There is a lot of discussion in the professional community about risk assessment methodologies. At the same time, much less attention is paid to a more powerful indicator of the maturity of the process – the process of building threats catalogs.
Let us turn to a typical assessment process:
After a one-time event – the preparation of methodological materials – the assessment cycle begins on a schedule or trigger. The first step is to determine the assessment areas, a step that depends largely on the completeness of the data on the resource-service model. As with audits, it is important here to see the connections between tangible and intangible assets.
The value of the asset, the most difficult step in terms of assessment, was discussed earlier.
The next step, i.e. identification, is the formation of a list of risks for further assessment. And it is this step that often becomes a stumbling block for inexperienced organizations.
Often in the first iterations of the process, this step is implemented creatively: experts analyze the asset on the go, during each assessment, and make a list of possible threats. If resources allow, sources and other risk factors are included in the list. As a result, this approach takes a tremendous amount of effort from the experts.
That is why the accumulated experience almost immediately leads to the appearance of threats catalogs – complex directories containing a list of possible threats in an organization. Gradually, the list of threats is supplemented with links to possible sources and other risk factors.
Compiling a threats catalog is a very complex task that requires a responsible approach to the organization’s CS analysis and accumulated data. The situation is complicated by the fact that generally accepted catalogs do not exist because of the great differences in the internal and external contexts of different organizations.
Once catalogs are in place, the “identification” phase is transformed – the main resource is thrown into catalog filtering and selecting relevant risks. Experts no longer waste energy on formulating but still have to manually go through vast amounts of information. The stage is often split into two parts – the selection of threats and the “adaptation” (secondary filtering) of the resulting list.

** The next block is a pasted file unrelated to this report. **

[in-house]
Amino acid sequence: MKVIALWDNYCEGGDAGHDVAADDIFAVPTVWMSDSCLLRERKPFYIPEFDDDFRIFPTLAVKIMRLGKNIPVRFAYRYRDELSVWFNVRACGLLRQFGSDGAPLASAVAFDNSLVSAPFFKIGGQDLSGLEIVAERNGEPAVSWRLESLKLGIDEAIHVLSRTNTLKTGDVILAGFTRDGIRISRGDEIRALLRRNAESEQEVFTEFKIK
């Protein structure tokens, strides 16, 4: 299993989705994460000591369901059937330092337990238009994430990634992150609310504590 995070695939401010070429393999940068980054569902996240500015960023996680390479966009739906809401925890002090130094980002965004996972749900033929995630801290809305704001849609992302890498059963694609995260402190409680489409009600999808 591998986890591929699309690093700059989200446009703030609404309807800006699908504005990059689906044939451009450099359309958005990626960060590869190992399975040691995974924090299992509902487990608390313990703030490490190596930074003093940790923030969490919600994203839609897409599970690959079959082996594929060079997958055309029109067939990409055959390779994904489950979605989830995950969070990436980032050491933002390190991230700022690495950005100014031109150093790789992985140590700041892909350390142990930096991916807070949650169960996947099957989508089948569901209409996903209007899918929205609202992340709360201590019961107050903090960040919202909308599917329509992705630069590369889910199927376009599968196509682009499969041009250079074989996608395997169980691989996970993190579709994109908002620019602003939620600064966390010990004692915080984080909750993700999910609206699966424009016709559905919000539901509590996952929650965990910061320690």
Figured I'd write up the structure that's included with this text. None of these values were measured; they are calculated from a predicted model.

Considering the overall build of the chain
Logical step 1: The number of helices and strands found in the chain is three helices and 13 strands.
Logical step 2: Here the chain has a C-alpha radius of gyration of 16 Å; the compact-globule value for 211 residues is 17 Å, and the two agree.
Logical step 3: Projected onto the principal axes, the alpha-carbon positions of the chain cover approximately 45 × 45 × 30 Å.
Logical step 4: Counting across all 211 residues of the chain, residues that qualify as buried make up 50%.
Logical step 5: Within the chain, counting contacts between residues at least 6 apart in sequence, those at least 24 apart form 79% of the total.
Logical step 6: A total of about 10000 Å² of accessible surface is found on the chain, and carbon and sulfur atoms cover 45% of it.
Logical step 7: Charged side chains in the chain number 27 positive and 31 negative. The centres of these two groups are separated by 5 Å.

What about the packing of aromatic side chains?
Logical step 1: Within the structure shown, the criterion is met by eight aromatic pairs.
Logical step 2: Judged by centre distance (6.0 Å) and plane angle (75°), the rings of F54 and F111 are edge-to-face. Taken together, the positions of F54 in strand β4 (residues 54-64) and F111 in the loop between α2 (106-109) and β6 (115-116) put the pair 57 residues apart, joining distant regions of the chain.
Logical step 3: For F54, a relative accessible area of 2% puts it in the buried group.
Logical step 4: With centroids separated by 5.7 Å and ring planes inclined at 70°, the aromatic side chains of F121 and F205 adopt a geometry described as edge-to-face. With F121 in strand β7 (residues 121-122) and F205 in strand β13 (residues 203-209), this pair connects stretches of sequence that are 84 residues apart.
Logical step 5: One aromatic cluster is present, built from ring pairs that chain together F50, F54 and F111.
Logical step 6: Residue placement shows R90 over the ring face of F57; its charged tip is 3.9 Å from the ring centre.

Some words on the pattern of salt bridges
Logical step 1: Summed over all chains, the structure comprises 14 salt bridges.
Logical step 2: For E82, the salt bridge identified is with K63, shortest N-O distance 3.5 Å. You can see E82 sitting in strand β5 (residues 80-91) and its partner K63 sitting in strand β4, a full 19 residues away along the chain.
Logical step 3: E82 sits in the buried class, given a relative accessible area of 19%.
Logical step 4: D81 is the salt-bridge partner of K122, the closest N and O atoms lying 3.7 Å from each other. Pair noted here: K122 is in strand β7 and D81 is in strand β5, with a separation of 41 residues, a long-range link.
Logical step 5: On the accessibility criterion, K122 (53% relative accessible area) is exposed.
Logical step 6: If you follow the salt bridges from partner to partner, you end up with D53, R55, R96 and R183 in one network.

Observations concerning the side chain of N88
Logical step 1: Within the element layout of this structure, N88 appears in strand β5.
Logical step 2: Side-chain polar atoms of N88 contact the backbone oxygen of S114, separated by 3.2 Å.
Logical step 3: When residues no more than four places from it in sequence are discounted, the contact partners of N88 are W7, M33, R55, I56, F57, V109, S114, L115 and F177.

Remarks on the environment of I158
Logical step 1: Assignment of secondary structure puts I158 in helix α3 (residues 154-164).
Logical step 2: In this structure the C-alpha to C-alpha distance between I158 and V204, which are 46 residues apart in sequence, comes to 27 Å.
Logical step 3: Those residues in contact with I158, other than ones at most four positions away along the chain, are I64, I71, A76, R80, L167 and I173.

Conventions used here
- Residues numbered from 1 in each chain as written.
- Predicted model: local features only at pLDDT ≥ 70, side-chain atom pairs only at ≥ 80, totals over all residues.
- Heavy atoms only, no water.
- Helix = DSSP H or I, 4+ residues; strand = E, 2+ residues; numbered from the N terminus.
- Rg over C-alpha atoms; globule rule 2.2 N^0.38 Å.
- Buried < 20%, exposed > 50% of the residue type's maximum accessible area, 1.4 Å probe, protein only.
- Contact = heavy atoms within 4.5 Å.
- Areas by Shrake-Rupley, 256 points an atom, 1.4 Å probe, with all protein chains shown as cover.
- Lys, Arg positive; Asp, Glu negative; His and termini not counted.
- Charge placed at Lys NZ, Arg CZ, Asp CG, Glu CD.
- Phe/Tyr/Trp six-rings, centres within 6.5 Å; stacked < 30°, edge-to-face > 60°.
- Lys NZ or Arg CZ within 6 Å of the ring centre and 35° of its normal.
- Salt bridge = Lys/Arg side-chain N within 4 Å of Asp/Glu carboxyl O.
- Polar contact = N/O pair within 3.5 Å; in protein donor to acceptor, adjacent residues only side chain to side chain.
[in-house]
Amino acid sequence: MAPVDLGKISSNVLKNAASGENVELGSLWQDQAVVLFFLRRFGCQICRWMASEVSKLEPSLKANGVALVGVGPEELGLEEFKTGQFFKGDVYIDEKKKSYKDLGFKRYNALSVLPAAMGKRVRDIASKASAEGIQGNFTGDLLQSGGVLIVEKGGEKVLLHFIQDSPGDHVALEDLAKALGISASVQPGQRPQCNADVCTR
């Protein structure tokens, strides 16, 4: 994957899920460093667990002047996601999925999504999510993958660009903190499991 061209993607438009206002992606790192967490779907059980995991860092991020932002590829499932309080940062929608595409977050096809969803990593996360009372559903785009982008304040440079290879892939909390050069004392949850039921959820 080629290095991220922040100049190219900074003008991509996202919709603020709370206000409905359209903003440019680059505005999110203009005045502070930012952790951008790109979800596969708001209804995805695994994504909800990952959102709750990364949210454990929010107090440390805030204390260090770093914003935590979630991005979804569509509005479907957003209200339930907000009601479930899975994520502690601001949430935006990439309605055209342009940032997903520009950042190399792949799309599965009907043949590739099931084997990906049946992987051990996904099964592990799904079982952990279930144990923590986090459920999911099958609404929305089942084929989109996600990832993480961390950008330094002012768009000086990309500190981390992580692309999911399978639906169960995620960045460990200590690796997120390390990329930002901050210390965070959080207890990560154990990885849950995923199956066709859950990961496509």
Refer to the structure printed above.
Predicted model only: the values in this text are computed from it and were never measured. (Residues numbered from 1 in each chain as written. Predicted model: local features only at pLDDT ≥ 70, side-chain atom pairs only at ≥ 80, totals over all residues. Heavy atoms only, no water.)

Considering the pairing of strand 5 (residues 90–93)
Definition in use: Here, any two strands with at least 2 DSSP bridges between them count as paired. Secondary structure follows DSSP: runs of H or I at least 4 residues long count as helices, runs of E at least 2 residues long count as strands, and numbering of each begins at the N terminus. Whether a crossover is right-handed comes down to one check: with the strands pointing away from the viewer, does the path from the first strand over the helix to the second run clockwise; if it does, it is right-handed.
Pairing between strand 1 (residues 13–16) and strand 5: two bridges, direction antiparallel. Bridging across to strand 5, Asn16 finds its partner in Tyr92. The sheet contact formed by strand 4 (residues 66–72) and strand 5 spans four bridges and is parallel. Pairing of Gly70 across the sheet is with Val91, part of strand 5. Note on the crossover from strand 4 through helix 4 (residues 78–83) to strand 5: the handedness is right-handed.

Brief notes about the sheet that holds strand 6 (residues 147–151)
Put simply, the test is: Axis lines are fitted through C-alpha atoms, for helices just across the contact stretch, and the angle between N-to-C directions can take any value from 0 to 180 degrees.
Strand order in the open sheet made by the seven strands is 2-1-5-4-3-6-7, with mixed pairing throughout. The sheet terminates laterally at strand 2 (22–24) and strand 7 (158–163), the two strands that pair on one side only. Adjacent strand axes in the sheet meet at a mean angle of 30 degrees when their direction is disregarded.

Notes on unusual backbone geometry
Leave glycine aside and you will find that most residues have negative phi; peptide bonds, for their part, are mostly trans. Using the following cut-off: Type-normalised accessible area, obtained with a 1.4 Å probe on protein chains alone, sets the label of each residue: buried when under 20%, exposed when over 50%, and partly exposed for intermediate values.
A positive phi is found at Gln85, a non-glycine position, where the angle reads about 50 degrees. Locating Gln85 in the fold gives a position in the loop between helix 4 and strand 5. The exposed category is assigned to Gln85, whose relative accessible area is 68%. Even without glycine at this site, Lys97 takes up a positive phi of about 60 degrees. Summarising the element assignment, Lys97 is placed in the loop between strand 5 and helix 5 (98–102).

In contrast to the assessment itself, identification is a step that can be poorly automated with spreadsheets. Semi-manual maintenance saves the day, as long as the number of items goes to a couple of dozens. However, pretty quickly, tables grow to 200+ rows and get filled with macros. The people who used to maintain them get dismissed, and tables begin to slow down rather than simplify the process.
The organization’s threats catalog is a mirror of the experience accumulated by the experts. It inevitably grows in size and complexity – and gradually begins to demand the same from the assessment methodology. Adequately managing such a large catalog forces organizations to work on the maturity of the risk assessment process, otherwise, the process buries them under its complexity.
Speaking about the realization of this process by means of the SGRC system, it is important to note that SGRC removes an enormous amount of manual work from experts, allowing them to free up valuable resources for the analysis of the already prepared list of risks for further processing. Moreover, they take upon themselves the work with historical data, which plays a great role in the assessment, and provide a convenient interface for reference book storage.
Thus, the following advantages of cataloging in SGRC systems can be highlighted:
– Easy navigation in the links between threats and threat factors makes it easy to update catalogs.
– Automatic selection of risks from catalogs frees experts from monotonous manual labor.
– Relevant risk factor questionnaires make identification more objective and less biased – it is harder for experts to adjust results when they do not know where their answers might lead.
– It is easier for experts to work with catalogs, and they can apply more progressive approaches to finding threats, for example – to accumulate experience, including on risk scenarios.
In addition, vendors with deep expertise often have their own threats catalogs and share them with customers, allowing to immediately proceed to a healthy process formation.